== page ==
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Alumacraft 1436 Jon Boats #13582093 06/04/20 04:55 AM
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Tellrich29 Offline OP
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I really could use some recommendations and opinions on an Alumacraft 1436 jon boat or similar jon boats. I plan to use it for my younger son and myself. I've eye balled this particular jon boat cause its cheap (aint got to worry about title issues), will fit in the back of my F150, don't need a trailer, better than a yak, etc. Can't afford an extravagant boat and this would be a starter boat to help me introduce Redfishing to my son. I can only afford a trolling motor for now and was thinking maybe a 40 lb thrust if I can find one on sale. I've spoken to two guides who have experience on this lake and think the 36' bottom might me dangerous for the lake I intend to fish (Calaveras Lake in Bexar County). Can anyone share their experiences with this type of jon boat?

Re: Alumacraft 1436 Jon Boats [Re: Tellrich29] #13582310 06/04/20 12:42 PM
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I first boat was a 14' jon boat. It was narrow but man a 36" bottom is really narrow. If your pond fishing with it I think your ok but waves should be avoided. I understand you wanting to keep the size down and keep it so you can haul it in the truck. Just be aware narrow boats are tippy especialy if you have too much weight in it or in rough water. A 1448 would feel much more stable. Just my .02.

Re: Alumacraft 1436 Jon Boats [Re: Tellrich29] #13582472 06/04/20 02:17 PM
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If you put a trolling motor on it and use it anywhere but private lakes or ponds, TPWD requires a title and registration. Yeah, it's a pain. IslandJim


I'm an Eighth Day Adventist. On the Eighth Day, God went fishing!
Re: Alumacraft 1436 Jon Boats [Re: Tellrich29] #13583601 06/05/20 07:19 AM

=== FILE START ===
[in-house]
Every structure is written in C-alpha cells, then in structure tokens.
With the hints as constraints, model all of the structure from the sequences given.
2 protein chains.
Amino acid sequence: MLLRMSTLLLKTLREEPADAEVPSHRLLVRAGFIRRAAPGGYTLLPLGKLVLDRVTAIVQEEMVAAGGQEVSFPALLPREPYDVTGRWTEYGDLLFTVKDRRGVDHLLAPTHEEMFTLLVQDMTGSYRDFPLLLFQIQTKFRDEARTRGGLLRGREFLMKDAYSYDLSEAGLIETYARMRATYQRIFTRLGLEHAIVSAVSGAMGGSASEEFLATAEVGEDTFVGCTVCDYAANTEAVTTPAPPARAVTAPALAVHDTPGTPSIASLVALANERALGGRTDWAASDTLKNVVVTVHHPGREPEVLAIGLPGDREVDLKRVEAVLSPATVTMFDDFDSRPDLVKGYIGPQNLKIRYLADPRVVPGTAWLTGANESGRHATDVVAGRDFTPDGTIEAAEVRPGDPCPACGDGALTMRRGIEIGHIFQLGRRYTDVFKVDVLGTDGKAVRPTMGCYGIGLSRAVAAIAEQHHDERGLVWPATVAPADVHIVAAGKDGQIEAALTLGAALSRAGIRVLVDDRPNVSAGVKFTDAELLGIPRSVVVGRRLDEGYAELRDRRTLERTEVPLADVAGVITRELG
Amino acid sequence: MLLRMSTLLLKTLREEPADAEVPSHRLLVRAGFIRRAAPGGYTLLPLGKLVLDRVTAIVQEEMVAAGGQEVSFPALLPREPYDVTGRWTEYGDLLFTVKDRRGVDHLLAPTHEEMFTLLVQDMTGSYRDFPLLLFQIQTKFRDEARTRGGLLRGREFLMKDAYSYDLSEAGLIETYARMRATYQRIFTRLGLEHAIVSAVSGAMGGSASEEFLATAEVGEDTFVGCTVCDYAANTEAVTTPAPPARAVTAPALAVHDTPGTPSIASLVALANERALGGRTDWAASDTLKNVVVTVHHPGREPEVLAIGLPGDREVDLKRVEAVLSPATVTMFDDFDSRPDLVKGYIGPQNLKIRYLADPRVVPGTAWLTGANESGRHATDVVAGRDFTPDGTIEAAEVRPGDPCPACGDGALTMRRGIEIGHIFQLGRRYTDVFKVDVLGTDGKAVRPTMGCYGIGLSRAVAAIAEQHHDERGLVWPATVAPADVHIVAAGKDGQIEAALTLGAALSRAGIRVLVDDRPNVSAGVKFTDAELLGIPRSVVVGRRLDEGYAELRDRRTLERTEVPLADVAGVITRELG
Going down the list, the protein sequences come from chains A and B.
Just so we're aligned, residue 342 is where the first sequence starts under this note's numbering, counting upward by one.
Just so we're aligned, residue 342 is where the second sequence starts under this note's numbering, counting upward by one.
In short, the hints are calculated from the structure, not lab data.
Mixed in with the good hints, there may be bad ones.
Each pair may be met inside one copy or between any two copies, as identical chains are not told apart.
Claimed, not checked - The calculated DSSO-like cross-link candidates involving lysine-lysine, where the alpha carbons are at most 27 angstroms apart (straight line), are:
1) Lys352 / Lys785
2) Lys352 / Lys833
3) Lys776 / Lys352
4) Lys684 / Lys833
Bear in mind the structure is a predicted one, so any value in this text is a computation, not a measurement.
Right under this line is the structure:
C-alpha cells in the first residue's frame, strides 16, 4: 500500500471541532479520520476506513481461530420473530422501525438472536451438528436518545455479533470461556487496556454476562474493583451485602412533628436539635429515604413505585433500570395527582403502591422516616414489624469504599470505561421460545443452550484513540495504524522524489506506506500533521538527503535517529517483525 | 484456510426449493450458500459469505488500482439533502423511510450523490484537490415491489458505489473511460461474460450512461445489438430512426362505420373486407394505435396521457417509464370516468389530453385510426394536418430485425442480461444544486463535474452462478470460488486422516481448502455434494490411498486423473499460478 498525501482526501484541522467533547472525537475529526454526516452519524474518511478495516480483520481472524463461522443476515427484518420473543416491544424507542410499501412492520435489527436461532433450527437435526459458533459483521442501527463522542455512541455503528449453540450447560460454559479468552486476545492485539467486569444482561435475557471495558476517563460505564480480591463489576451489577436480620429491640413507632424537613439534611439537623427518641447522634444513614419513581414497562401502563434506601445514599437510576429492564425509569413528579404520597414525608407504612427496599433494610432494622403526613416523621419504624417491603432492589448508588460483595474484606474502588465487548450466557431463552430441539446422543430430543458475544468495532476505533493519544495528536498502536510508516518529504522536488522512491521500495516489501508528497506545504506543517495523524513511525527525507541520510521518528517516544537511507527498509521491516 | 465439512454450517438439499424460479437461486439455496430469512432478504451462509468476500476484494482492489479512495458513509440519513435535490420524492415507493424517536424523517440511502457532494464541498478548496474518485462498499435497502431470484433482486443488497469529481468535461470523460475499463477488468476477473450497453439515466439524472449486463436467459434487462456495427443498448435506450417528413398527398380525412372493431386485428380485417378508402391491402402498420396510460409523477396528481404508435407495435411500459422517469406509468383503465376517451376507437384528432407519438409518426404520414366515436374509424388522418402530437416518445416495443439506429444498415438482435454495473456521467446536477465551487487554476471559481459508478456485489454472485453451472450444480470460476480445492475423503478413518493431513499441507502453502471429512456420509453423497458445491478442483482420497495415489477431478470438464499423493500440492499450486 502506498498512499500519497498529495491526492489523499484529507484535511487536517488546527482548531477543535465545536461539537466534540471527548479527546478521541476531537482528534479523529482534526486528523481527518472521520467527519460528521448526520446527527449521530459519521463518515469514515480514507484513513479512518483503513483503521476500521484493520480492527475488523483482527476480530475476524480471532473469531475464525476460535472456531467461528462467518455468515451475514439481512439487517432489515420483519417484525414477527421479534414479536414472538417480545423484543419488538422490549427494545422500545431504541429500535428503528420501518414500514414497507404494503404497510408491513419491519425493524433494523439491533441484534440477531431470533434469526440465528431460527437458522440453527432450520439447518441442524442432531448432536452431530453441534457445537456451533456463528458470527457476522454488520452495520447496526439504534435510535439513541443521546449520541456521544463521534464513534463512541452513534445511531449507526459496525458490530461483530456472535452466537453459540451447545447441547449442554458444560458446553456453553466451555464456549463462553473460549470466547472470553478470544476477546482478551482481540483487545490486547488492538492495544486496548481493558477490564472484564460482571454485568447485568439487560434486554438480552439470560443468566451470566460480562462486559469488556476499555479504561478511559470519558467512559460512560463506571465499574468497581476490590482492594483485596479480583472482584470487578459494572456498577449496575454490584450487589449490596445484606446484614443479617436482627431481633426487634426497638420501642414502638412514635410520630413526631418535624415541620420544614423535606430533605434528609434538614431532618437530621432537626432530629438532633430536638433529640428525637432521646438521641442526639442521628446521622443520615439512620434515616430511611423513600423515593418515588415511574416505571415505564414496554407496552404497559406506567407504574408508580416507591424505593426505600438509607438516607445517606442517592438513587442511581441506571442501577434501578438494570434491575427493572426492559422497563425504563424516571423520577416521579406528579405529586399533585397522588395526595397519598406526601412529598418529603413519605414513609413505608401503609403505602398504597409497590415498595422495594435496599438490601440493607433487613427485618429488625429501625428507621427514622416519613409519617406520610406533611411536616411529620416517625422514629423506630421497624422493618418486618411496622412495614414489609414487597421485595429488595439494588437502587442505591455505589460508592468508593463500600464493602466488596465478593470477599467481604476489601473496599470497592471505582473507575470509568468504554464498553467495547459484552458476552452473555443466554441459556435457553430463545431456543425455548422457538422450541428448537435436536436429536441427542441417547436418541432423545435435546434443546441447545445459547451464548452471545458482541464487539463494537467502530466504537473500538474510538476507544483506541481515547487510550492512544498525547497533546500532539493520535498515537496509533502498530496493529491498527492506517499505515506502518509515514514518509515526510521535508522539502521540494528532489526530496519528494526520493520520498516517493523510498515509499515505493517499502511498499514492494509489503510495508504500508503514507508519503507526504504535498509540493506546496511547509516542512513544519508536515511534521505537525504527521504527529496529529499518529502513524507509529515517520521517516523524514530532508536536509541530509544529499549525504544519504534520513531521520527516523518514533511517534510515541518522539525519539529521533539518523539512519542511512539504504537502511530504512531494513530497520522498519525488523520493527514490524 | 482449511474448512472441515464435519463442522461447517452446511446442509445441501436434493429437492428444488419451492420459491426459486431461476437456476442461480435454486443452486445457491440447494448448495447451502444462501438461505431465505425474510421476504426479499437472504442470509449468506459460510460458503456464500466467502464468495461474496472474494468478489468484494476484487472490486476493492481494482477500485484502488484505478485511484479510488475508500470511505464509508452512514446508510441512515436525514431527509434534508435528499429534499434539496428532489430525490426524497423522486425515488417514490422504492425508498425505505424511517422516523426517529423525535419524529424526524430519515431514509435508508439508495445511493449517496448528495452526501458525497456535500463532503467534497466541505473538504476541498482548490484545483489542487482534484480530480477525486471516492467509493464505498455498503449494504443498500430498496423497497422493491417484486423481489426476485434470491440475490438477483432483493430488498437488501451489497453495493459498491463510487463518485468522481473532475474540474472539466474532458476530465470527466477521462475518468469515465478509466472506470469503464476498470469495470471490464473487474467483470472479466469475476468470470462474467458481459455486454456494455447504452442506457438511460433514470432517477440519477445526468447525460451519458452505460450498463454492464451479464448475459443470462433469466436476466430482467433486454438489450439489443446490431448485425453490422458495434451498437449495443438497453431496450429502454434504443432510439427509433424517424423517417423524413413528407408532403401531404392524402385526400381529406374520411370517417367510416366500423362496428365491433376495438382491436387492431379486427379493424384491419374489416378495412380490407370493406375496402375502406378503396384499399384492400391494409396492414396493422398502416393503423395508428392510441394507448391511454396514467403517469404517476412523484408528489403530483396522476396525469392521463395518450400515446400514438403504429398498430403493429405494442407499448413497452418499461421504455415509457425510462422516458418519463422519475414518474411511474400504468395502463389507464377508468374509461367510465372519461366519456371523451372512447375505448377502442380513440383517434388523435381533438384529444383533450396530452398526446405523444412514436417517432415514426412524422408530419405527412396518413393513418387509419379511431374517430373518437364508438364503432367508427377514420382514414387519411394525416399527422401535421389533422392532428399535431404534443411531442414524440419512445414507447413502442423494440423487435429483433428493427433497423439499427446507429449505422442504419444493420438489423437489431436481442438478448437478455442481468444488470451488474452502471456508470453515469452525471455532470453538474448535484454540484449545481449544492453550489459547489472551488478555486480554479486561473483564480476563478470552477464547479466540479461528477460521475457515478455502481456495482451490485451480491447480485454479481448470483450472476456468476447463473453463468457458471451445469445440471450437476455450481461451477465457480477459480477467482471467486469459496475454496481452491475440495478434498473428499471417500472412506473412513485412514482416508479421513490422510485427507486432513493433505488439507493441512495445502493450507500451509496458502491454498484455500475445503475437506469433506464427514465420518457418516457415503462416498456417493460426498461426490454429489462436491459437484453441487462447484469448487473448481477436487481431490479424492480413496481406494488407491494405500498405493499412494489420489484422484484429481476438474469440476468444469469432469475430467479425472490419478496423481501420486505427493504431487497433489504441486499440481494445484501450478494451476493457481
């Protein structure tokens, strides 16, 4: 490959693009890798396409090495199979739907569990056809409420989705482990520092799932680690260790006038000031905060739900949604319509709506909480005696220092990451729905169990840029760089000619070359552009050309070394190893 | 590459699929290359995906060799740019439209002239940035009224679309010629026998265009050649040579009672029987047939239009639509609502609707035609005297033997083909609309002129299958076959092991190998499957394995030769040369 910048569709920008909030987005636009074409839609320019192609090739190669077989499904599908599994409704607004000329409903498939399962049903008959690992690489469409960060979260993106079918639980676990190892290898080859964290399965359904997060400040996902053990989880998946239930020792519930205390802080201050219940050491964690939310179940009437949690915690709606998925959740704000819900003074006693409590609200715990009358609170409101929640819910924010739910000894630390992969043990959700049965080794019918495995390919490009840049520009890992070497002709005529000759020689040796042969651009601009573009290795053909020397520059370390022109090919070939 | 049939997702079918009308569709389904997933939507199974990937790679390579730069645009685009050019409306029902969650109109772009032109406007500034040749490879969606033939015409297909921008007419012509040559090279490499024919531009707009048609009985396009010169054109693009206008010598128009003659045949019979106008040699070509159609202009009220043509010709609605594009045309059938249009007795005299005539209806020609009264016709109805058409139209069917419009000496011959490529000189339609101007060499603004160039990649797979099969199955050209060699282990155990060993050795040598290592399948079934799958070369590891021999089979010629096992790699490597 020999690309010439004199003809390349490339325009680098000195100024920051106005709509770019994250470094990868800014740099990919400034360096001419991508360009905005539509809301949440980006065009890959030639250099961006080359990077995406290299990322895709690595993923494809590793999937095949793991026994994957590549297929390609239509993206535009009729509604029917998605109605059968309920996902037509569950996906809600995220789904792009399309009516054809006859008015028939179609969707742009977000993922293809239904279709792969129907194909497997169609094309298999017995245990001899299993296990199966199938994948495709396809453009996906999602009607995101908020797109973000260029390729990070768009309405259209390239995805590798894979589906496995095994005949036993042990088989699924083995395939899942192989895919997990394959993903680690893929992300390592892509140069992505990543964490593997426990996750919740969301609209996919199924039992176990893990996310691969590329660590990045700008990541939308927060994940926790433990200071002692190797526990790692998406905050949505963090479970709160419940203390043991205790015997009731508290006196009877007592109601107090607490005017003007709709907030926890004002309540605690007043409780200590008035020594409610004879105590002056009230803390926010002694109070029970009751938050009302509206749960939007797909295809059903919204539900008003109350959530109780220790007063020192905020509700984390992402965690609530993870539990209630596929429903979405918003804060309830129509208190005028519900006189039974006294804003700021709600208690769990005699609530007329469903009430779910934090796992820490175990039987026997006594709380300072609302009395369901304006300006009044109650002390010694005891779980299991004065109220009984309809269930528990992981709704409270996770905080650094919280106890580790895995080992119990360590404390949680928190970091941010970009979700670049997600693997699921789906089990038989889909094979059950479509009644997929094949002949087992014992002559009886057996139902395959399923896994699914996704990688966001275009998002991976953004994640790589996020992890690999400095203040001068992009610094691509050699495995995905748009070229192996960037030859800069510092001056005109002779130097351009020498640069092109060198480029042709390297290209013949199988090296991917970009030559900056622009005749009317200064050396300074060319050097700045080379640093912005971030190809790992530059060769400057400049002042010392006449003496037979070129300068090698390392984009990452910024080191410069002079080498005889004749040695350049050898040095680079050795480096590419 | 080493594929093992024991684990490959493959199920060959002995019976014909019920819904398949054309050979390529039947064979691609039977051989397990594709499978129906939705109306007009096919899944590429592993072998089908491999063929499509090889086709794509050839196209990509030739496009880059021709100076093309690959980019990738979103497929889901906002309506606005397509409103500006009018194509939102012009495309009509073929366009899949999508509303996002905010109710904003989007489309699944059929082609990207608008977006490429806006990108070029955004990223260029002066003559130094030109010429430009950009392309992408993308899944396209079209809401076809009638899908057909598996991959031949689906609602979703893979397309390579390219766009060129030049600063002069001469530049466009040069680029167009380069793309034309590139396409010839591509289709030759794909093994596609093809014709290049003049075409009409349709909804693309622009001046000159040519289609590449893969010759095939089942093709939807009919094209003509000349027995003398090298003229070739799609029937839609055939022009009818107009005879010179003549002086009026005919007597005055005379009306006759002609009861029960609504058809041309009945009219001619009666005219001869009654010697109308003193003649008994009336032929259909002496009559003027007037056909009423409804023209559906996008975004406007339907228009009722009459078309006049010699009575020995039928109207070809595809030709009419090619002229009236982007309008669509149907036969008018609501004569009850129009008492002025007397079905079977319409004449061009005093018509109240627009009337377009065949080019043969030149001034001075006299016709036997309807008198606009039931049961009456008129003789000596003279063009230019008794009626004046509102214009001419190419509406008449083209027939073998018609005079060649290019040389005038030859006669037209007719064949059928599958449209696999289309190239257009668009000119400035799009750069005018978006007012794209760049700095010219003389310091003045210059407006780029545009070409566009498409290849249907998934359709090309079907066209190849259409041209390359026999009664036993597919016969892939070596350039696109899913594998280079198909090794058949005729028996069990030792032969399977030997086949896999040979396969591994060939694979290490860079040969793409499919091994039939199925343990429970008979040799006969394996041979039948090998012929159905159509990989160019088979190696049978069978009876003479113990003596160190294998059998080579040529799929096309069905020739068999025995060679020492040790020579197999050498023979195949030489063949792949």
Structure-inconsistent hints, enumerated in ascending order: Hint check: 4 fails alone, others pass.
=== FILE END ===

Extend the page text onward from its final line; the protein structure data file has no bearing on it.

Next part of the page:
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It can handle those lakes when the wind stays around 15 knots. You won't go far with a trolling motor, use the fish boerne lake in the same set up max speed will be about 2-3 mph. I would suggest finding a good used 5hp or 15hp motor. I had a 15 motor and it ran 22mph loaded with gear and another person. The reason I suggest an outboard is you mever know when weather/wind can get worse. Or an emergency happens and you need to get back fast. I would cruise craigslist for a boat/motor/trailer set up. I have seen some around 1k in the last few months. Save and wait, in the long run you will be glad you did.

Re: Alumacraft 1436 Jon Boats [Re: Coolarrow] #13584175 06/05/20 06:23 PM
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Tellrich29 Offline OP
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Thanks for the advice. I am taking all opinions into consideration before pulling the trigger with a purchase at academy.

Re: Alumacraft 1436 Jon Boats [Re: Alumacraft 14] #13584180 06/05/20 06:26 PM
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One of my second options is maybe a small 2.5 on up outboard forms 1236 and avoiding the trolling motor but I sooner learned them suckers are expensive too. I’ve been to boerne lake once and it seems like a nice tamed lake but they don’t allow combustible Motors. I do appreciate your input. Thank you.